Farmers along proposed pipeline route fight eminent domain

“I’m a certified organic farm,” said Jacqueline Evans, co-owner of Haut Farm.

Jacqueline Evans has been running her farm for over five years, but she says she’s at risk of losing everything.

“We love our home, we don’t want to leave, and this is wrong. It’s for an unneeded pipeline,” she said.

In January, the Federal Energy Regulatory Commission, or FERC, approved the PennEast natural gas pipeline, which would be built from the Marcellus Shale region of Pennsylvania into Mercer County, New Jersey. It’s a total stretch of 120 miles that go through Evans’ property and 700 more between the two states.

“I’m worried about arsenic contamination. My well is right here and they’re going right behind this barn, so that’s a huge concern. We’re in a high arsenic zone,” said Evans.

PennEast has reached agreements with more than half the affected landowners to compensate them for building the pipeline through their property, but Evans and her neighbors, T.C. and Joe Buchanan, are fighting to save the land that’s been in their family for over 50 years.

“All of those trespassing surveyors that have been on our property, Michigan, New York, Louisiana, Oklahoma, Florida, their license plates were from all over the place. Nobody was from New Jersey,” said T.C. Buchanan. “The unions are saying, were going to get jobs. If there are any jobs, it’s going to be temporary. They said it’s seven weeks to seven months maximum for workers, and in the meantime, they put all the farms out of business.”

The Buchanans fear either the wells will get contaminated, they’ll lose their orchard, or both.

“The company is going to make billions of dollars, and it’s going to cost the people, the consumers of New Jersey, the residents along the route, the farmers, even people that would purchase hay. All the hay fields that would be destroyed,” said Buchanan.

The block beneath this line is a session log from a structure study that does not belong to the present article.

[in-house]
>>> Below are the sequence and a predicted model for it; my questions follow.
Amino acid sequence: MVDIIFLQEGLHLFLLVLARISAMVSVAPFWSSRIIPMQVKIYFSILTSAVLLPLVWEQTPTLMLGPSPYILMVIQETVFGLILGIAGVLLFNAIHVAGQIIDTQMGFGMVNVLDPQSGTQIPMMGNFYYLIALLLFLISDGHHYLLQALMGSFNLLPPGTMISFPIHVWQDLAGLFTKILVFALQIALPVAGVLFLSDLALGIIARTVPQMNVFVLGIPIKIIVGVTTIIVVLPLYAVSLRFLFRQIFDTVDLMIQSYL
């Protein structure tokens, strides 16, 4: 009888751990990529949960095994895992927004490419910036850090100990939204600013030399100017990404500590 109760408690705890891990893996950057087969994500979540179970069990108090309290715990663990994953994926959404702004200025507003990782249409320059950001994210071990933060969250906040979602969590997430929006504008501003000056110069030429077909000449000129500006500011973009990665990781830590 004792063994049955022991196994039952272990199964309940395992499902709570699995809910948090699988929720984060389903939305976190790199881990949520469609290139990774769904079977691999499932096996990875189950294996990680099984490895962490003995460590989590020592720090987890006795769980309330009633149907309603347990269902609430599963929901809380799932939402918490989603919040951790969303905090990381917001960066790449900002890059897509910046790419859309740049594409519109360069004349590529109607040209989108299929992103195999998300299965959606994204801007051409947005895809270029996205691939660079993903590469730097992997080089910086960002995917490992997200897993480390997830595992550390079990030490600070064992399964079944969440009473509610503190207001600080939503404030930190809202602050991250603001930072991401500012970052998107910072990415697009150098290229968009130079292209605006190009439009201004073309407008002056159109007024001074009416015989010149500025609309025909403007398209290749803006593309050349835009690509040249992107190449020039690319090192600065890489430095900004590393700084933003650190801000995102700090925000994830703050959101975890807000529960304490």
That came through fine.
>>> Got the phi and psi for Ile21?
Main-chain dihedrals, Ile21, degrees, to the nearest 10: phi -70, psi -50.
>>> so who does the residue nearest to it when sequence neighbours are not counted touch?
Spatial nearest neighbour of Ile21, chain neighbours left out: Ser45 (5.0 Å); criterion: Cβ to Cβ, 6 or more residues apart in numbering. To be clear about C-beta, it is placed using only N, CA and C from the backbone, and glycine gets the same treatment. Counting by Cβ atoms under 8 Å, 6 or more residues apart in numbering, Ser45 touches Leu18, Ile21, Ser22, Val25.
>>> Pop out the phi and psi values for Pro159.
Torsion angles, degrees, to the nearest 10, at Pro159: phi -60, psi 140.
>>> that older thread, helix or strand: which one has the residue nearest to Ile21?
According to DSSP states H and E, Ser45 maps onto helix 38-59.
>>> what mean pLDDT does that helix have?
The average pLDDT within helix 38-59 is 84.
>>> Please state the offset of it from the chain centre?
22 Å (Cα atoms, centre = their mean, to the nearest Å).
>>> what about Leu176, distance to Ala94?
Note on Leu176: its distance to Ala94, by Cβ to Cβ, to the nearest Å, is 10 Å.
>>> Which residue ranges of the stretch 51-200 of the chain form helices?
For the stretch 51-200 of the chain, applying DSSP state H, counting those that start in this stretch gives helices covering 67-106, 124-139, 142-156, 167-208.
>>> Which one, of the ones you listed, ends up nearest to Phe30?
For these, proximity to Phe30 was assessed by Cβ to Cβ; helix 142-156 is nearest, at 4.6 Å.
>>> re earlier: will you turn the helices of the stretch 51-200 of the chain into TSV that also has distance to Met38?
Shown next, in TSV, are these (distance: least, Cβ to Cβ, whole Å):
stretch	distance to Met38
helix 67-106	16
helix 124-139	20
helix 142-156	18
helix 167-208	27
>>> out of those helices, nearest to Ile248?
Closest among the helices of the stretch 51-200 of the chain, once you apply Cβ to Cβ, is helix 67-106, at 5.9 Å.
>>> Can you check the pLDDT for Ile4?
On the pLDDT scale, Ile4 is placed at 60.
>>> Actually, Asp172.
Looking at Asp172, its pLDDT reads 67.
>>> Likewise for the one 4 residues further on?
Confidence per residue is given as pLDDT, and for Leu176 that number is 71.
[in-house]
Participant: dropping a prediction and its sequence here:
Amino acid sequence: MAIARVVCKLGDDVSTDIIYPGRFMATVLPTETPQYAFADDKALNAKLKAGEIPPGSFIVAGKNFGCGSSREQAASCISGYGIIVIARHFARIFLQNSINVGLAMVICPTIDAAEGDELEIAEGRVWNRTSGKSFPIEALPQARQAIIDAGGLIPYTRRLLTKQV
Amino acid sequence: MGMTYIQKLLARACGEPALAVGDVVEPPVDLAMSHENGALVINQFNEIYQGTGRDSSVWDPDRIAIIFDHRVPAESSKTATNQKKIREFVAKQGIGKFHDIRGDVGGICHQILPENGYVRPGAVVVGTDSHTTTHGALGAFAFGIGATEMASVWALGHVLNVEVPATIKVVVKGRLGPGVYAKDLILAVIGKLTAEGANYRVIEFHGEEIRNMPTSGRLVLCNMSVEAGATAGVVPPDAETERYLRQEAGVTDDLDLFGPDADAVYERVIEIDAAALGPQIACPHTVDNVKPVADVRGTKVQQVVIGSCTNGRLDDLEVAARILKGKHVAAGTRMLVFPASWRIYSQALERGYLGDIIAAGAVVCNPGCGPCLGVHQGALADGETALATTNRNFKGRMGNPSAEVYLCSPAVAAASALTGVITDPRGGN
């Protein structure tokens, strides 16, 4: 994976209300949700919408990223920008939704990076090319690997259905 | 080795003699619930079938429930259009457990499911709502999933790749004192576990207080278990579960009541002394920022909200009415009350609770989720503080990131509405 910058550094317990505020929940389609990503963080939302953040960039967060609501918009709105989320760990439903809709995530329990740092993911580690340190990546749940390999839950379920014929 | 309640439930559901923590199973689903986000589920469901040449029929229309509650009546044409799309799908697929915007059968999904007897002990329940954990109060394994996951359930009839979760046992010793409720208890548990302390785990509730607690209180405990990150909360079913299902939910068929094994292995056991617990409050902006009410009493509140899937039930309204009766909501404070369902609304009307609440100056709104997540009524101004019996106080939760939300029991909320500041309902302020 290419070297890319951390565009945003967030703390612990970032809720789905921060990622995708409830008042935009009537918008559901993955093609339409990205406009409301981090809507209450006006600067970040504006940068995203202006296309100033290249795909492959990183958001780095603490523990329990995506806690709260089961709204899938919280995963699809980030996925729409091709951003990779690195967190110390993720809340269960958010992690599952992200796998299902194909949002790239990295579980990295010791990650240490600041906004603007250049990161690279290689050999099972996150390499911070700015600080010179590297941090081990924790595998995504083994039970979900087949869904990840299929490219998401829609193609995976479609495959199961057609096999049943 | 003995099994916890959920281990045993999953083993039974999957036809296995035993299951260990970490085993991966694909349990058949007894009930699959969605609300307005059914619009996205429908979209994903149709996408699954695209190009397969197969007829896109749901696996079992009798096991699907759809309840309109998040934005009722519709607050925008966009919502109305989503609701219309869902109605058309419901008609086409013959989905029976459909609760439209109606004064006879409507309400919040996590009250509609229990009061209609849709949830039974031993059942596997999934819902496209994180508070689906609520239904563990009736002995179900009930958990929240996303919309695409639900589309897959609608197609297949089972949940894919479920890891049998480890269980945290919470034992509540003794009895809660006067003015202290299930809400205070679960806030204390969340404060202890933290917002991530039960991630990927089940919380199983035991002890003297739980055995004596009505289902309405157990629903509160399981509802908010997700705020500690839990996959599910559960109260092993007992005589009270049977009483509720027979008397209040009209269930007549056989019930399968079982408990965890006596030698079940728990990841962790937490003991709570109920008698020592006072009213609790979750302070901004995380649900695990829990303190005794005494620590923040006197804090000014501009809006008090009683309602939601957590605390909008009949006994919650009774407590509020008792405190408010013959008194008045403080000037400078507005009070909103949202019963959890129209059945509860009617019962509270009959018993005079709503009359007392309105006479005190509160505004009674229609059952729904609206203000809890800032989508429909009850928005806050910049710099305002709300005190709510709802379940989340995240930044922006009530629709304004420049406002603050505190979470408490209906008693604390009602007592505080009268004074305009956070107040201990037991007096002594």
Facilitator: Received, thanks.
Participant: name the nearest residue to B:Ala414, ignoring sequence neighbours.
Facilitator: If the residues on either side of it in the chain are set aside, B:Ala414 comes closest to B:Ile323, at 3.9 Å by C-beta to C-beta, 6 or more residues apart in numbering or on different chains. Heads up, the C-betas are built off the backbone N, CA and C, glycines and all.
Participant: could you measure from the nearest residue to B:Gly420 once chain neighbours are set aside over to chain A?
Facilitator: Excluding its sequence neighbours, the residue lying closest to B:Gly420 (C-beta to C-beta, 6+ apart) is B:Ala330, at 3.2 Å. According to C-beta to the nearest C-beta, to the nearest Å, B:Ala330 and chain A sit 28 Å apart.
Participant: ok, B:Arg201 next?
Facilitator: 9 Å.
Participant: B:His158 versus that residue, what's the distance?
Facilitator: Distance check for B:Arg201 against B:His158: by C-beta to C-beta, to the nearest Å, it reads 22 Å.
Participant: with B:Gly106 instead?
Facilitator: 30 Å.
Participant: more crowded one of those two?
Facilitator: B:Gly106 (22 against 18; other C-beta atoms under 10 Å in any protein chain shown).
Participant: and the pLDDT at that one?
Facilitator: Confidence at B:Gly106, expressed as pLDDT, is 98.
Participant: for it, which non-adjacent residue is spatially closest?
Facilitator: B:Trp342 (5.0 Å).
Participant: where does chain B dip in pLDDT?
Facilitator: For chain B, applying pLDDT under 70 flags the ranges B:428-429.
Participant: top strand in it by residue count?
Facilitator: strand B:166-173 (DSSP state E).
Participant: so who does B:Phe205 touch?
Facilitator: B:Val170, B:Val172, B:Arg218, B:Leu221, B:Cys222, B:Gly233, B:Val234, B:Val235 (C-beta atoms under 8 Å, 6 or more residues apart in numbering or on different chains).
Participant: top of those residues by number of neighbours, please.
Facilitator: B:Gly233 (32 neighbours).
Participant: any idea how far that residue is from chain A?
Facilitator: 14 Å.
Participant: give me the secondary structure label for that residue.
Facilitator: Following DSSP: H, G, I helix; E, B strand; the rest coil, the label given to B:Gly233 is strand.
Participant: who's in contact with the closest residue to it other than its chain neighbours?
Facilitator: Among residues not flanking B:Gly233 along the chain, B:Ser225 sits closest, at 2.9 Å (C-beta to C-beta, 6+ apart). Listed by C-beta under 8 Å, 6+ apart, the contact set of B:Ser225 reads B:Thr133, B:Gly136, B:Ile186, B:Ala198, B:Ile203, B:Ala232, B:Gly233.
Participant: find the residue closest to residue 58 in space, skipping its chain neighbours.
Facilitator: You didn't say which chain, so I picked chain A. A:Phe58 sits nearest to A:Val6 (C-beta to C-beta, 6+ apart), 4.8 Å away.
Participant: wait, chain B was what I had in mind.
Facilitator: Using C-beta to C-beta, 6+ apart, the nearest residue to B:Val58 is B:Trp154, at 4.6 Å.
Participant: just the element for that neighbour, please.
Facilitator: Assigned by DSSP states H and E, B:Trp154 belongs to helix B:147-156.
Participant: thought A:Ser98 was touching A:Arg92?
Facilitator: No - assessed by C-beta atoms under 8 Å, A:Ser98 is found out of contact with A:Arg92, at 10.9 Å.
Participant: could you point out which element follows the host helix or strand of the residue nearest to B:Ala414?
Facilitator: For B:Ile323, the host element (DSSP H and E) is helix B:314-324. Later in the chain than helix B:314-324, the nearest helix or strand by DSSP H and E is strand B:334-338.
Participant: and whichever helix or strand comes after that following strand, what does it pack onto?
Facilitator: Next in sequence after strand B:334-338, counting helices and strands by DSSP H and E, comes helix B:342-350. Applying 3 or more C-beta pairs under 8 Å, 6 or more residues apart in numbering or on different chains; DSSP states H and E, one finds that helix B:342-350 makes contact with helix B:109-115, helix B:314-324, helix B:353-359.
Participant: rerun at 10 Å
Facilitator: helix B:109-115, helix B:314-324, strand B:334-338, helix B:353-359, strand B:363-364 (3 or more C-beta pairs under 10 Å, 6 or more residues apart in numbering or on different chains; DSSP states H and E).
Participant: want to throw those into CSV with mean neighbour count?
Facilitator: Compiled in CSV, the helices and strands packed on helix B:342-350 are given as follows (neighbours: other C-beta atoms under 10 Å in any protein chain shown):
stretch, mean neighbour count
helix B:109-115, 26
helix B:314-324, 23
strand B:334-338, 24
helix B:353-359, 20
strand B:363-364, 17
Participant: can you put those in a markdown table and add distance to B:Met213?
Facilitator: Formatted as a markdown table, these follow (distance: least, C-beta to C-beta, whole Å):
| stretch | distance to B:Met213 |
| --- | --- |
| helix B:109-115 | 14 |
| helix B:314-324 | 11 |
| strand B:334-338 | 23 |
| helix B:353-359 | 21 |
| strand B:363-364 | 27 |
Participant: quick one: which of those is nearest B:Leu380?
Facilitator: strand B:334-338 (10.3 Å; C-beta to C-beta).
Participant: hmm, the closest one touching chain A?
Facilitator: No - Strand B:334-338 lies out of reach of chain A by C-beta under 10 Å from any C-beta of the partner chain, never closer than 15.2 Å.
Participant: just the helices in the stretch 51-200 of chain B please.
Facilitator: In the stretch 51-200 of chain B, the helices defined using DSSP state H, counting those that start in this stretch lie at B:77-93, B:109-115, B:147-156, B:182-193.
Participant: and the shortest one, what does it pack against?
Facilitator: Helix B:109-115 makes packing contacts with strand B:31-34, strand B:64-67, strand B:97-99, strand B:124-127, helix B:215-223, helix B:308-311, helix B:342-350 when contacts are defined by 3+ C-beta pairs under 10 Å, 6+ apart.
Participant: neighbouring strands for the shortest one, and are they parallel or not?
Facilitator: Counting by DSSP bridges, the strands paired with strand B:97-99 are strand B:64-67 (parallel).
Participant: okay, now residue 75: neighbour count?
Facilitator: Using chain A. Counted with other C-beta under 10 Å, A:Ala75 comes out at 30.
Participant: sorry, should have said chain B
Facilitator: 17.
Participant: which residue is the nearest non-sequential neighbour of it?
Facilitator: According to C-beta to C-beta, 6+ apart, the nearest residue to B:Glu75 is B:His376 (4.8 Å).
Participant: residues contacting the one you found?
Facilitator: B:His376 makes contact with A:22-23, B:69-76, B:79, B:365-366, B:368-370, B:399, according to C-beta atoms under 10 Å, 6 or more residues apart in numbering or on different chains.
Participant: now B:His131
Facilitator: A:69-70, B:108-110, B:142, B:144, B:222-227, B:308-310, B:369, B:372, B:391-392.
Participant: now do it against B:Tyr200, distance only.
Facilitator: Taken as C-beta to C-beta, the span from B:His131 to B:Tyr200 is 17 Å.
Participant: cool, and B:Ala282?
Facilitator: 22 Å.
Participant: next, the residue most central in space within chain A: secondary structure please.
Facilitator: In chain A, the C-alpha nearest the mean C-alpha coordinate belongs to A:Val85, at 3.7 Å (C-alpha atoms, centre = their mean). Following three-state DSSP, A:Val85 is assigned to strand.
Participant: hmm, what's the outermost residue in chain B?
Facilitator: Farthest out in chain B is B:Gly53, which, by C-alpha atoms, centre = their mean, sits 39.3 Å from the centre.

The PennEast Pipeline Company has now filed eminent domain notices in federal court to gain access to land owned by people who have refused compensation.

As of now, 92 lawsuits have been filed in New Jersey, and that number could go up.

“They’re also filing on the ability to use U.S. Marshals and force against us if we resist,” said Evans. “I don’t understand why they need to have U.S. Marshals with guns. I have little kids, they’ve been traumatized by this enough, so that took my breath away that they would do that, but it falls in line with how they’ve treated us all along.”

A spokesperson for the company called the legal proceedings a “last-resort option” to gain access to the remaining properties.

“PennEast is continuing to work with the majority of landowners to reach a fair agreement that compensates landowners for temporary and permanent impact,” a spokesperson for the company wrote in a statement. “With the exception of building structures or planting trees atop the right of way, they can continue to use their property as they normally would, including for farming.”

“Basically weeds will grow on top of there. You can’t grow healthy food substances on top of a toxic pipeline,” said Buchanan.

The company must still obtain permits from the Delaware River Basin Commission and from New Jersey’s Department of Environmental Protection, and they hope to have the pipeline operational in 2019.

But if the signs all around the area where the two families live are any indication, the fight is far from over.